Labor's Challenges in the 1950s

Monday, March 5, 2012

"We Need a Labor Trust-Buster" cartoon I came to Hagley on a research grant to use materials relating to my dissertation on the labor movement’s public relations activities between 1947 and 1959. I discovered by looking through Hagley’s extensive National Association of Manufacturers and U.S. Chamber of Commerce collections that labor’s outreach message was profoundly affected by the anti-labor arguments of these business trade associations.

This document from the mid to late 1950s provides a glimpse into the content of such messages. Many documents making similar arguments are housed in the NAM and U.S. Chamber of Commerce collections at Hagley.

In 1956 or 1957, the National Association of Manufacturers (NAM) sponsored a pamphlet featuring a cartoon of a dark-clad, business-suit-wearing Union Leader halting the entry of overalled workers into an industrial plant. In the image, the workers linger at the gate, seemingly unable to act upon their desire to punch in for work in the face of the hostile Union Leader. In this case of the few against the many, the few – indeed, the one – wins out. The Union Leader hardly represents the interests of the workers that he purports to represent; instead, he works against them, presumably for his own gain. After all, no one in the picture seems to support him in his effort to shut down plant production. Here is a man who has unrivaled power, and who is using that power to prevent the progress that workingmen desire.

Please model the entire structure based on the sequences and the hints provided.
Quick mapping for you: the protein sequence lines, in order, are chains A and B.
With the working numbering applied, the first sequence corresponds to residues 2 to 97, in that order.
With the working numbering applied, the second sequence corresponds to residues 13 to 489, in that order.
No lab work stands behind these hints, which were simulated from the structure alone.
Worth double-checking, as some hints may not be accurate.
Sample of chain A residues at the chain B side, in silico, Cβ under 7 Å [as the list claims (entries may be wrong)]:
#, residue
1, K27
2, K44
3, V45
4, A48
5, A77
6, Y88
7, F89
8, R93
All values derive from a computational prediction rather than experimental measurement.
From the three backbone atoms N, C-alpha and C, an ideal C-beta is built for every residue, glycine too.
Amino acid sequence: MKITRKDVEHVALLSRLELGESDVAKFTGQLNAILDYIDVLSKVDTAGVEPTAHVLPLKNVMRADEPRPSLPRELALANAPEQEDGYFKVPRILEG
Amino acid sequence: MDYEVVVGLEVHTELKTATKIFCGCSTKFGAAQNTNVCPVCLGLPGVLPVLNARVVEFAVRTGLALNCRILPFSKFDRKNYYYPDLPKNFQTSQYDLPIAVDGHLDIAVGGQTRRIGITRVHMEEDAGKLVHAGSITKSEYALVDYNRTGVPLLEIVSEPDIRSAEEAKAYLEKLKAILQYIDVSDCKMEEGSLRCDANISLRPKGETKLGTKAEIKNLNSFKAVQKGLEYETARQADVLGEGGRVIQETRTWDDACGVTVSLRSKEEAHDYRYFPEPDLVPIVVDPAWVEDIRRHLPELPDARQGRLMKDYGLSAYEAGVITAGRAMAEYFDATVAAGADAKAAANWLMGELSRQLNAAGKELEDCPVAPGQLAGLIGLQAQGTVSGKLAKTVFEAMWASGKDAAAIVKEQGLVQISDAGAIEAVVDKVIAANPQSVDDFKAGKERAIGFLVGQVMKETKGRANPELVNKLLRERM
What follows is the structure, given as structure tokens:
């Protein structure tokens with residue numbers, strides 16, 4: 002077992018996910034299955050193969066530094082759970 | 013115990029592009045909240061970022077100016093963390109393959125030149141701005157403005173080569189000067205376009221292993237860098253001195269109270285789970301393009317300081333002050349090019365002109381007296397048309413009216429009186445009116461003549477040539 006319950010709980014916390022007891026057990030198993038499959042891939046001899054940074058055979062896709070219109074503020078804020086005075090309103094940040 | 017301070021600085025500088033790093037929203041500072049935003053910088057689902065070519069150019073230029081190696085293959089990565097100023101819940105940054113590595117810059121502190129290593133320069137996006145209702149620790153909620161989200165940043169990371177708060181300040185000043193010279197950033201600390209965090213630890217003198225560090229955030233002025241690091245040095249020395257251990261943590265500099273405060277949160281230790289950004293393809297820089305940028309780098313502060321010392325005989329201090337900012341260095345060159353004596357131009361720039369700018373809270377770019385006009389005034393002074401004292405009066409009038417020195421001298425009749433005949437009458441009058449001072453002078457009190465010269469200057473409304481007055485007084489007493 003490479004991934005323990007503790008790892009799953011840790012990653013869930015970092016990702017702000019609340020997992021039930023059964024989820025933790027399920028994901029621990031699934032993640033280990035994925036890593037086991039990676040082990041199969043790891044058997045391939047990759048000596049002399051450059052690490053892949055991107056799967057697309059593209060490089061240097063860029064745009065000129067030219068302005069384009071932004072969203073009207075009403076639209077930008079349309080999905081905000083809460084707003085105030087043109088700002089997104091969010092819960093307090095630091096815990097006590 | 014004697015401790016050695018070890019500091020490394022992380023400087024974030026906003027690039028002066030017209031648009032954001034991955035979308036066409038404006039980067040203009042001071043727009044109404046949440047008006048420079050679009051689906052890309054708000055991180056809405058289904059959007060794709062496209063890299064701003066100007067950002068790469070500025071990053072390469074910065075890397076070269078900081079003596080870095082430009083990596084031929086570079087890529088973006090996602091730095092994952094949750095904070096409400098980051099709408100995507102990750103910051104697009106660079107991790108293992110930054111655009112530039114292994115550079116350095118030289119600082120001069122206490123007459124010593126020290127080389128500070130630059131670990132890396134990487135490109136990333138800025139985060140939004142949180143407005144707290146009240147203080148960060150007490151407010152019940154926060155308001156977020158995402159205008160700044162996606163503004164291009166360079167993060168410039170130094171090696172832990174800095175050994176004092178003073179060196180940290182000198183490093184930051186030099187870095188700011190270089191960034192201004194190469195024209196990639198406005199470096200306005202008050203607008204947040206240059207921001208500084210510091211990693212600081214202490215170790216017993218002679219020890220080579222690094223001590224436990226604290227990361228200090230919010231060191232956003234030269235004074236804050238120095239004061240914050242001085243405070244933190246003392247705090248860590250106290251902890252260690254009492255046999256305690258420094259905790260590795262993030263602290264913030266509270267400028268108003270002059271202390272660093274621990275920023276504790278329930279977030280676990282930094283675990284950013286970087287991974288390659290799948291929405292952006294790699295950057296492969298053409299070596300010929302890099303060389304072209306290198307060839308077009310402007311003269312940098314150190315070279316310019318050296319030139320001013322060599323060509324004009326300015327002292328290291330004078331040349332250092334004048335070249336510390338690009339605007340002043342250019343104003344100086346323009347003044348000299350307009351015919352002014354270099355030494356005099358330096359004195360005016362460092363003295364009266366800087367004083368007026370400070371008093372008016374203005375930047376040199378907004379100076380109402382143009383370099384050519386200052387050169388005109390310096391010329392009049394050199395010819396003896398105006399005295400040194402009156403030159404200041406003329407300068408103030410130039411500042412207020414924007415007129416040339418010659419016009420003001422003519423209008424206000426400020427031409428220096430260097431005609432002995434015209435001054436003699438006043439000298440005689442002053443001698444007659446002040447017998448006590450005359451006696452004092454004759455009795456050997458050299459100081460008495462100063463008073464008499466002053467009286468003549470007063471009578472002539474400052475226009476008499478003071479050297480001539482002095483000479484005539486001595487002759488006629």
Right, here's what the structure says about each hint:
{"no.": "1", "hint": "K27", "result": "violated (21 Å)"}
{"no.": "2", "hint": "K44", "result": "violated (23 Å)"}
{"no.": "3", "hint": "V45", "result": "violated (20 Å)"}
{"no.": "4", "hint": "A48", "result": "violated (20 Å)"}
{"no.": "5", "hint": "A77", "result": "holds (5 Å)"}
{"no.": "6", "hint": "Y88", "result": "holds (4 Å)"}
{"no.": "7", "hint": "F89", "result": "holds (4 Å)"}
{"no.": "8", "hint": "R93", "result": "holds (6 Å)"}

The drawing ran under the title “We Need a Labor Trust-Buster” as part of the NAM’s “Worth Thinking About” series of public relations pamphlets distributed to member businesses, thought leaders and the press. In the textual commentary alongside the picture, the NAM condemned monopoly power as “fundamentally wrong – economically, socially and morally.” Anti-trust laws worked effectively to curtail monopolies in big business, but “Big Labor” was not subject to this type of oversight. Instead, “power, in the hands of a few leaders of unions representing but a tenth of our population, is virtually unrestrained by existing laws,” the pamphlet argued.

A couple of union officials could decide to have their members strike, having the capacity to shut down whole industries, even against the wishes of their members. Not only was this state of affairs anti-American – contrary to the values laid out in the Declaration of Independence and the Constitution – but it also allowed union leaders to engage in corruption, unabated. The pamphlet suggested that the only solution for ending “the growing threat of a labor monopoly” was to prohibit “compulsory unionism”. If workers did not have to belong to unions as a condition of employment, then “union officers [would] recognize their real accountability to their individual members.”

Though it did not refer to the need for a “right to work,” the NAM pamphlet articulated an open shop ideology that gained more prominence with the formation of the business-supported National Right-to-Work Committee in 1955. It also came on the heels of the merger of the American Federation of Labor (AFL) and the Congress of Industrial Organizations (CIO) in 1955. Though the AFL-CIO operated as an umbrella for unions representing the majority of organized workers, not as a union in and of itself, the NAM and other business groups jumped on the merger as a demonstration of unbridled labor monopoly.

As the Congressional McClellan Committee began racketeering investigations of the Teamsters and other unions in 1957, the NAM played up the image of the union leader out of step with the interests of his workers even more. This is what labor’s public relations staffs were up against in the 1950s, and, one could argue, what they’re up against today in Wisconsin and elsewhere.


"We Need a Labor Trust-Buster" [pamphlet]. NAM Series 7, Box 139, Union Monopoly Power 1956 Folder. Hagley Museum and Library, Manuscripts and Archives Department.

Rachel Burstein is a researcher from Graduate Center, City College of New York.